Are state governments figuring out that infrastructure assistance from Washington, D. C., whether promised by Our President or not, is a grand fiction?
Two-thirds of all states have stepped up highway funding over the past five years.

It's happening in both Democratic- and Republican-led states as their transportation departments strain to overcome backlogs deepened by the last recession. And lawmakers are acting regardless of promises from President Donald Trump for a $1 trillion national infrastructure program that his administration has yet to detail.

Some state officials doubt that Trump's plan will make much of a difference when it comes to repairing and replacing thousands of old bridges or repaving and widening countless miles of congested roads.
Am I piling on to highlight that "backlogs deepened by the last recession?"  Surely that 2009 stimulus created or saved some million jobs on shovel ready projects.  Oh, wait ...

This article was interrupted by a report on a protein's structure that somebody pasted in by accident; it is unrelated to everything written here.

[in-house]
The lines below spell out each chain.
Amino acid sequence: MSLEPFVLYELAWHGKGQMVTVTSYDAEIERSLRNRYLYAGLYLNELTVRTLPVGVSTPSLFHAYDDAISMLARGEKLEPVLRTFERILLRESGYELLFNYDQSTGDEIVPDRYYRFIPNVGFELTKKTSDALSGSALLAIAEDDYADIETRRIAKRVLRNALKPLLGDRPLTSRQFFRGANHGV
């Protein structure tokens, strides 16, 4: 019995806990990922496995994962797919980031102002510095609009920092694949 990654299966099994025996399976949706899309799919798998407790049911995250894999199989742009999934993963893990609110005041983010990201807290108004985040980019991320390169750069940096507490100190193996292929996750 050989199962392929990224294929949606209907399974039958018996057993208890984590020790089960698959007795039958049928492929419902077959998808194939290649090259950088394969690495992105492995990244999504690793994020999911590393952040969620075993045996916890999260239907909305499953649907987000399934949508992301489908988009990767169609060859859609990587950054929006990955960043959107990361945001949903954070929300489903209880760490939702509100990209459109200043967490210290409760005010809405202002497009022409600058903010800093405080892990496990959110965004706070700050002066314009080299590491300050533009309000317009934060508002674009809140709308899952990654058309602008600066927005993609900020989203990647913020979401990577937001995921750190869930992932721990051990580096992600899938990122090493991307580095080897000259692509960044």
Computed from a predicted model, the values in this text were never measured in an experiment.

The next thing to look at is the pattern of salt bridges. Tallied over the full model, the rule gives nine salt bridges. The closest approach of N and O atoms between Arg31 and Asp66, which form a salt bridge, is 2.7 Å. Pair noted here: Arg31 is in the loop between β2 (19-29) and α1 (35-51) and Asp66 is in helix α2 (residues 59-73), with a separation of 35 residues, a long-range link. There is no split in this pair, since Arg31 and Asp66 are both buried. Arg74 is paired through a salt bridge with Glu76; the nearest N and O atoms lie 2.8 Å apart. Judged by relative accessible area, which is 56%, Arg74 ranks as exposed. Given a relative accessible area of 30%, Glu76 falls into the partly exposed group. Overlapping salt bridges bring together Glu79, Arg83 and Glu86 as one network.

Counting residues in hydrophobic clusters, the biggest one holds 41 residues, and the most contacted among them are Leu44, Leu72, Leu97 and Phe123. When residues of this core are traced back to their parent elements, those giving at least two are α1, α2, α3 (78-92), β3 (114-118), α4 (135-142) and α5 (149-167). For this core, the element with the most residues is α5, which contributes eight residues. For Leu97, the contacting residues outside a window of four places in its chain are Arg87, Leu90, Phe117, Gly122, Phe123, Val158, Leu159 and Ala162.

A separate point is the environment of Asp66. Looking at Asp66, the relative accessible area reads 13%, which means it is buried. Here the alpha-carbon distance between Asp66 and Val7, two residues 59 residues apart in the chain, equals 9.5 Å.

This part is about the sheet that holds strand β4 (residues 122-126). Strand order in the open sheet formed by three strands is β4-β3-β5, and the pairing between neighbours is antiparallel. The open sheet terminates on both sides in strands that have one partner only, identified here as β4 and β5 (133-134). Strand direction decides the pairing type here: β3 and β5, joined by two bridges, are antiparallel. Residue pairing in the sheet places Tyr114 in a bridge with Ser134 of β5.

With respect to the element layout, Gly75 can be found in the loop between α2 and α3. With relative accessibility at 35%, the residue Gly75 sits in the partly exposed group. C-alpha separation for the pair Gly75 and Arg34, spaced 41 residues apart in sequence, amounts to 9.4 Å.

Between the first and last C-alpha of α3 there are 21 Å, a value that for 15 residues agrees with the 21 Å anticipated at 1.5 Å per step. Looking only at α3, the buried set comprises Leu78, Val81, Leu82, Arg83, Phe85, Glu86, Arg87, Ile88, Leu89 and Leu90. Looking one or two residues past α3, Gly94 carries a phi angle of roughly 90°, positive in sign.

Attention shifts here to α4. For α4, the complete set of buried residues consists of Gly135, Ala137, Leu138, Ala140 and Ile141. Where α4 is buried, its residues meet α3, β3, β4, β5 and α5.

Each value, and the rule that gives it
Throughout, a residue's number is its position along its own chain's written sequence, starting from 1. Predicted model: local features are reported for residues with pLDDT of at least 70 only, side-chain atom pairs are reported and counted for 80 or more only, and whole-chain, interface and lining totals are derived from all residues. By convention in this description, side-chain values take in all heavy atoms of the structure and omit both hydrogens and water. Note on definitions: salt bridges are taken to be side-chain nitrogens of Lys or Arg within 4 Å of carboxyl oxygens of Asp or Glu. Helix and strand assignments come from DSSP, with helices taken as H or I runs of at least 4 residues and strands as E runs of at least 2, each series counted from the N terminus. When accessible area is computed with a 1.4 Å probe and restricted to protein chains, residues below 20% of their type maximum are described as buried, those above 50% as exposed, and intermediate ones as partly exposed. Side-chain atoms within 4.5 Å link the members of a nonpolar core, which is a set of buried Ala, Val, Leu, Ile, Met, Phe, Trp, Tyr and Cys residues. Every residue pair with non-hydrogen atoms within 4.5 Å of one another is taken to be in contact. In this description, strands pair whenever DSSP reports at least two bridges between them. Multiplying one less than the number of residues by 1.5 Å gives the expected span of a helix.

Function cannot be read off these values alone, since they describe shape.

But the states are contemplating increases in motor fuel taxes, and other user fees, and contemplating making do without the Highway Trust Fund, which is itself ... in a shape comparable to the "Social" "Security" Trust Fund and the Medicare Trust Fund.
South Carolina House Majority Leader Gary Simrill said the federal money would be welcome but doesn't provide a long-term solution. The state's Department of Transportation wants an additional $1.1 billion annually over the next 25 years to improve roads.

"People who are waiting on the federal government usually just get old and tired," said Simrill, a Republican who has led the House's road-funding efforts for several years. "South Carolina cannot wait on the federal government to take care of our problem."
I'll save for another day the possibility that the federal government contributed to the problem, by giving state road commissioners all sorts of incentives to go ahead with projects that were eligible for federal matching funds.  Now the Interstate Highways (well, apart from the pork-barrel ones to nowhere, where the matching funds haven't depreciated yet) are also old and tired.

Perhaps it is time to let some of the roads crumble as no longer offering sufficient public utility.

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